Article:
and a self portrait. That’s me just to the upper right of center, above the model’s reflected back. To the upper left of center is Charlie, a colleague and a regular at figure drawing workshop, and beside him, watching with a critical eye, is a plaster bust of George Washington. This is a fun 45 minute pencil drawing from my sketch book. I might turn this one into a more finished piece, since there is plenty of detail in it.
This is another exercise in visualizing only what’s important and discarding the rest. I learned this technique from Nathan Fowkes, a concept and animation artist whose blog is listed on this page. This is a great way to get a feel for a subject before settling down and getting into details. I used one brush and painted quickly, blending some colors and then letting them dry before adding the background.
This is from a portrait workshop that I used to attend. It’s easier for me to create a more finished looking piece if I can manage to get enough information when sketching a subject. This is an example of my method. In my studio, I transferred the sketch at left to a piece of Arches watercolor paper and then painted it.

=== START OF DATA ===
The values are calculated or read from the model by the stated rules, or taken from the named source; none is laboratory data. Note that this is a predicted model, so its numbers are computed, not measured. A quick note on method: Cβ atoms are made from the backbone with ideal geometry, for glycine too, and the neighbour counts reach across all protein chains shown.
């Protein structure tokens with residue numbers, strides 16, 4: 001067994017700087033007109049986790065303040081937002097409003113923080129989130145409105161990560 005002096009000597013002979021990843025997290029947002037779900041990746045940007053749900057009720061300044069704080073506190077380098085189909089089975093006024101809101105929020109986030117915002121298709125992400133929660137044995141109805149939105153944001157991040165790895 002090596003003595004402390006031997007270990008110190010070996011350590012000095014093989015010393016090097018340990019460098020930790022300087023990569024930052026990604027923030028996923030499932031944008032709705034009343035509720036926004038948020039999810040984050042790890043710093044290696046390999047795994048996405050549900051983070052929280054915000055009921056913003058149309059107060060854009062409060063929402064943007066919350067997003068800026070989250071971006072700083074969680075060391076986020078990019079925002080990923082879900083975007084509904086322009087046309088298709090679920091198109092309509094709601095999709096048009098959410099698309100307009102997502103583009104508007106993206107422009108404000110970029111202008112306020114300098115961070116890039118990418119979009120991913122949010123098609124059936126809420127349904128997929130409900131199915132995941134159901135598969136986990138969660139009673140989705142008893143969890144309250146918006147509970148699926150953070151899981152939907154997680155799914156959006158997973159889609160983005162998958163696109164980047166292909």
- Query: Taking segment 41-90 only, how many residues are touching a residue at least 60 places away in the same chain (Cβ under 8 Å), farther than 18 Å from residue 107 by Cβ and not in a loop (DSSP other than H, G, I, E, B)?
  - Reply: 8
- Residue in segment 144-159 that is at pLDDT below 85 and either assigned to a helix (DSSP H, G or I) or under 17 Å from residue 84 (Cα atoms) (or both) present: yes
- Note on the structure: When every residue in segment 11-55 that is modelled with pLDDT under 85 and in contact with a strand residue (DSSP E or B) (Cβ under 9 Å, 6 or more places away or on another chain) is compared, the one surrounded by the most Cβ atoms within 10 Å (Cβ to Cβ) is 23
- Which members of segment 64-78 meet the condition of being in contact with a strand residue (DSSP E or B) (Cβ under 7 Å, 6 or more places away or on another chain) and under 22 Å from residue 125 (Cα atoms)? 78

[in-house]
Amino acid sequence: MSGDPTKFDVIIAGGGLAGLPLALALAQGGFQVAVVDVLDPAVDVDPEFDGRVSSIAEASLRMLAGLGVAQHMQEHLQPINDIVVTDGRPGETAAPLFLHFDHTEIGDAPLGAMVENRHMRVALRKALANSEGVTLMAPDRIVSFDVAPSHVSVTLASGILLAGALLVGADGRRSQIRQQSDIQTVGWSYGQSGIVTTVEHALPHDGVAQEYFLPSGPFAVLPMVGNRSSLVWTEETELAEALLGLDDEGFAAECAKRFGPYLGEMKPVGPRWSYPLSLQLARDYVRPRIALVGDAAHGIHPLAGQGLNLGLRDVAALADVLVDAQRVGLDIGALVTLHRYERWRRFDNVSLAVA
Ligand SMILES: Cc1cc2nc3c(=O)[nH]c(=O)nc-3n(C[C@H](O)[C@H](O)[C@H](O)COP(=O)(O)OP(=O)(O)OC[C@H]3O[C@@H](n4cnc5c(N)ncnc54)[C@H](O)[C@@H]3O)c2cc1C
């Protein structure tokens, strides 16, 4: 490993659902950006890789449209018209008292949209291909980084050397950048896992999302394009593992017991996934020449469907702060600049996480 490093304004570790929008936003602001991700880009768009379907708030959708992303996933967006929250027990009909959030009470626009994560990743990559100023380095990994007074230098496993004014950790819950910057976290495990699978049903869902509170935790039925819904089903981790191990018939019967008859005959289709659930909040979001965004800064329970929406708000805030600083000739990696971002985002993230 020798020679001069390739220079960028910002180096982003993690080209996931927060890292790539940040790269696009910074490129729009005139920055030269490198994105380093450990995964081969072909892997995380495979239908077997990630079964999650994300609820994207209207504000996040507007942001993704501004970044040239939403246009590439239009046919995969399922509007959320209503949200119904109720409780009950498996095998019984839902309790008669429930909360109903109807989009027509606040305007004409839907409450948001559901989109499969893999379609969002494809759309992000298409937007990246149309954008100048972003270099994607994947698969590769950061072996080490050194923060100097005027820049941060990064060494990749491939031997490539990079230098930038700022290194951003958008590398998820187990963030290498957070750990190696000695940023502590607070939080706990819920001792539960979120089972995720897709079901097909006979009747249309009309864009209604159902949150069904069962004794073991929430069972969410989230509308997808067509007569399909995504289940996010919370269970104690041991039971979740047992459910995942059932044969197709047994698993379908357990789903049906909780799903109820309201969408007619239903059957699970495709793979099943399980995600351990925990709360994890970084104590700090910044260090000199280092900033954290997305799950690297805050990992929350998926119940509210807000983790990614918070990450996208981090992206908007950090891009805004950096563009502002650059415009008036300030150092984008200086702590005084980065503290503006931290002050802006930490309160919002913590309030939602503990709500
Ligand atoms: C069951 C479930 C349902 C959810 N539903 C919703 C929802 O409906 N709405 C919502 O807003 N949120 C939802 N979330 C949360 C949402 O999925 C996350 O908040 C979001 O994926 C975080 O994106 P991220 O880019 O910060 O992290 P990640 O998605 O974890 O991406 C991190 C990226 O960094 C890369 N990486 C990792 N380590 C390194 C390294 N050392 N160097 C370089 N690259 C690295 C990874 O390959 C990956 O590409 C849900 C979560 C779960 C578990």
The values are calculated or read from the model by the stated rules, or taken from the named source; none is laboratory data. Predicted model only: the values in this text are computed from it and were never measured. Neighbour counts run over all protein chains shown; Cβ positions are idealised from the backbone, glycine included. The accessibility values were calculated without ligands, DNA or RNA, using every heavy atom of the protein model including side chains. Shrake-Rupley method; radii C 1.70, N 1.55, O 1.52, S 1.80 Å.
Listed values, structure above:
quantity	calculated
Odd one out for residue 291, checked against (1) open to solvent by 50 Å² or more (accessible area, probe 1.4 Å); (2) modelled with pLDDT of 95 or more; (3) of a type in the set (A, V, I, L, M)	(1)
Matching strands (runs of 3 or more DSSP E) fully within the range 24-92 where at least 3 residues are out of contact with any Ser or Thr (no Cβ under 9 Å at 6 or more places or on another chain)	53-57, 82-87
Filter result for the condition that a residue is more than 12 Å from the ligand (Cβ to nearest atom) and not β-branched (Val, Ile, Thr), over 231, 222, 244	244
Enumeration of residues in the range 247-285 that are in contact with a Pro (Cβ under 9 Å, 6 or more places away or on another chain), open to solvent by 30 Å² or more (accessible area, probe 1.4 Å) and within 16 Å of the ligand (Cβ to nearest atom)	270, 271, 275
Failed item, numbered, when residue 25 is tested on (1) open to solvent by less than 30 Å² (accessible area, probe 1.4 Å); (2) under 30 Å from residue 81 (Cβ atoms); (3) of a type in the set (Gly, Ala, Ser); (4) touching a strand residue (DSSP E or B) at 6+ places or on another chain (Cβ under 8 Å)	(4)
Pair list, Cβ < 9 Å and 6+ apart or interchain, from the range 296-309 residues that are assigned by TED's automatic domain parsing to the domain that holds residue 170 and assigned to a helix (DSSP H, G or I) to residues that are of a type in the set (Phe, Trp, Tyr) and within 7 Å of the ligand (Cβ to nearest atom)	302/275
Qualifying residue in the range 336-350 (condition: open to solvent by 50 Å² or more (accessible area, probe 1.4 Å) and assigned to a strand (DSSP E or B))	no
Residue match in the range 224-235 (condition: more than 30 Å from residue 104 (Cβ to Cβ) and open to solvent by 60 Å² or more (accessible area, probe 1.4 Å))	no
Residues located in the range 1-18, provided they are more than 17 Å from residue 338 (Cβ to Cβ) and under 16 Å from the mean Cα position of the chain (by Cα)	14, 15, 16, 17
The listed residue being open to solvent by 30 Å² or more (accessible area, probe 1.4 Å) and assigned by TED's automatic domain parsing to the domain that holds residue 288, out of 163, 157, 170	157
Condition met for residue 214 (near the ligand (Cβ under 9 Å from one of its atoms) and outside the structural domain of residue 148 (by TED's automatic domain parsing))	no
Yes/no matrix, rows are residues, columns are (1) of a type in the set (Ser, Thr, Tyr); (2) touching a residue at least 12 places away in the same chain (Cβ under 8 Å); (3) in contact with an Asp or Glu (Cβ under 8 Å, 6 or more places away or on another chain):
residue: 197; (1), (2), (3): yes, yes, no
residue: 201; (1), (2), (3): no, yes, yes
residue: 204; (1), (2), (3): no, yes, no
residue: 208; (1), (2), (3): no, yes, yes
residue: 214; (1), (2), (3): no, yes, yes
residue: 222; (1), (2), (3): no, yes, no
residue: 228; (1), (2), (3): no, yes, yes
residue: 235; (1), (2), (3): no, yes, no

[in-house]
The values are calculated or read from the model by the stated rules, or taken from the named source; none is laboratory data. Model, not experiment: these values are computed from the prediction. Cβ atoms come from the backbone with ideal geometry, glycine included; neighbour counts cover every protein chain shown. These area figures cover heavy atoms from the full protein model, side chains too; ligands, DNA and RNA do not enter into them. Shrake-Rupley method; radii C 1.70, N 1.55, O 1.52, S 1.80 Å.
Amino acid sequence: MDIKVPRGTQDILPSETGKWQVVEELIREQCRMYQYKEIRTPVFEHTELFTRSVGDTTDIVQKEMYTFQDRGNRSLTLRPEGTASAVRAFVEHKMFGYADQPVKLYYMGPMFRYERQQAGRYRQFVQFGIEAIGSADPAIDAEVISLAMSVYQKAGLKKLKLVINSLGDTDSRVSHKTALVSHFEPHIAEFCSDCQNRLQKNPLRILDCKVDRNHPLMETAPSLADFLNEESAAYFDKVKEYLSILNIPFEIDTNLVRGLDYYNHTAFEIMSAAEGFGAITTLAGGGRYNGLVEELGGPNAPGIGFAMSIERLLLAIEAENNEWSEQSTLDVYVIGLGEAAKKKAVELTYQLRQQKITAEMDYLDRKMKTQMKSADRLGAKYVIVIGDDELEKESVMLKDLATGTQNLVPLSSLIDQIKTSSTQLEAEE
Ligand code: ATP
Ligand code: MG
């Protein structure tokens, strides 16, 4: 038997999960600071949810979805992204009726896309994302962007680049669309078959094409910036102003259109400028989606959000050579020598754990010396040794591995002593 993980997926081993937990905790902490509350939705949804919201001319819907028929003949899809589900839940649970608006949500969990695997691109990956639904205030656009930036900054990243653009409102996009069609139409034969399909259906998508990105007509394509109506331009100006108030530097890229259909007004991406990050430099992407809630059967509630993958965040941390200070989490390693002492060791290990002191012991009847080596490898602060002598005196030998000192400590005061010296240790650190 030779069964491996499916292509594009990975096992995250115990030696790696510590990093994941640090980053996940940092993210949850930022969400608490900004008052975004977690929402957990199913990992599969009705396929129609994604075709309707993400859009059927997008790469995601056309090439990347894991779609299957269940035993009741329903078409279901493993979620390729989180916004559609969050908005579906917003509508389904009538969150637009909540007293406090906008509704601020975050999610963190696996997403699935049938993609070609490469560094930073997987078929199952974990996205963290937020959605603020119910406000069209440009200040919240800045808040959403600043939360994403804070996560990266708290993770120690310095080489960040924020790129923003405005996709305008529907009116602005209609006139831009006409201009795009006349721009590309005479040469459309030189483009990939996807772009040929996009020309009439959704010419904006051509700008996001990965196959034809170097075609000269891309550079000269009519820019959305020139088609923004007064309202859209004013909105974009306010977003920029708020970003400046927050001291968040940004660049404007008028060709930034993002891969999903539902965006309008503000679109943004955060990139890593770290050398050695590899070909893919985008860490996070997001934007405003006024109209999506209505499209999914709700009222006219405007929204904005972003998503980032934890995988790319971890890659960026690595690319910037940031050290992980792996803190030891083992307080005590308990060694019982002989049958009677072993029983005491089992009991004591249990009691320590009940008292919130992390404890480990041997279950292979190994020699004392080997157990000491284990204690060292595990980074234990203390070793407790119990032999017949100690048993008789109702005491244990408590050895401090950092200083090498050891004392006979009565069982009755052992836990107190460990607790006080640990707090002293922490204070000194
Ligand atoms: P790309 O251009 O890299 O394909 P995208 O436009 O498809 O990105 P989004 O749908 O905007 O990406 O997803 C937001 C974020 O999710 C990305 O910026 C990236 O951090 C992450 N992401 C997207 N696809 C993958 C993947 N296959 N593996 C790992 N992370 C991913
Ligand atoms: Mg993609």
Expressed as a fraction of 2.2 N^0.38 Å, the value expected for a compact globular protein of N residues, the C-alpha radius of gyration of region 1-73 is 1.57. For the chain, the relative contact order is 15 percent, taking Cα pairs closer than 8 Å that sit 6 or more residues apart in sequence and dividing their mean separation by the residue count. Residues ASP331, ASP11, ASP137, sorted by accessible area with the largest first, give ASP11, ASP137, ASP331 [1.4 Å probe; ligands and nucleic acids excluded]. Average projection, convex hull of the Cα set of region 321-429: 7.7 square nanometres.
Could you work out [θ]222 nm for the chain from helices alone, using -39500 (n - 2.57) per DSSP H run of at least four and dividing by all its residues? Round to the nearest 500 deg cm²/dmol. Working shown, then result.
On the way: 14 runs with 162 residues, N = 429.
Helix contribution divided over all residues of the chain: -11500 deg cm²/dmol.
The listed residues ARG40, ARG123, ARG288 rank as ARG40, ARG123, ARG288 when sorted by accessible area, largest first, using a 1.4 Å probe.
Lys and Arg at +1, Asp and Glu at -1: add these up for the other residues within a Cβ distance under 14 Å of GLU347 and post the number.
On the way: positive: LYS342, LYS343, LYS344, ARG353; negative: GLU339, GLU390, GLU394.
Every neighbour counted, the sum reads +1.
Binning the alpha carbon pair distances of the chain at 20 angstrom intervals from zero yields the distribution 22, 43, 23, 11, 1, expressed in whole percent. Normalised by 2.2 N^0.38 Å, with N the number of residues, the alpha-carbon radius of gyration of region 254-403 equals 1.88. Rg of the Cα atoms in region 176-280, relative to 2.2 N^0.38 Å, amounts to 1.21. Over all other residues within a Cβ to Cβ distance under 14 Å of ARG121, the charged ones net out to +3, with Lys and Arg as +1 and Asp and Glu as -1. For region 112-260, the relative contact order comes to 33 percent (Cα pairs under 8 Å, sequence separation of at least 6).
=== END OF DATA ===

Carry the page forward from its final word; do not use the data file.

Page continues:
Theodore Roosevelt overcame a frail childhood to become a boxer, war hero, conservationist, author, cowboy, governor, Nobel prize winner, muckraker, trust buster, vice-president, and finally, immortalized on Mt. Rushmore as the 26th President of the United States. His macho persona, I think, is best described by a speaker at Roosevelt’s own funeral, who declared “Death had to take Roosevelt sleeping, for if he had been awake, there would have been a fight.”
*In Teddy’s day, the word bully meant something great, or, as we would say today, awesome.
This is the same model that appears in my December 28th post. Besides her professionalism, we could always count on her hair being a different color. I chose to highlight that by keeping the rest of this ten minute sketch in monochrome.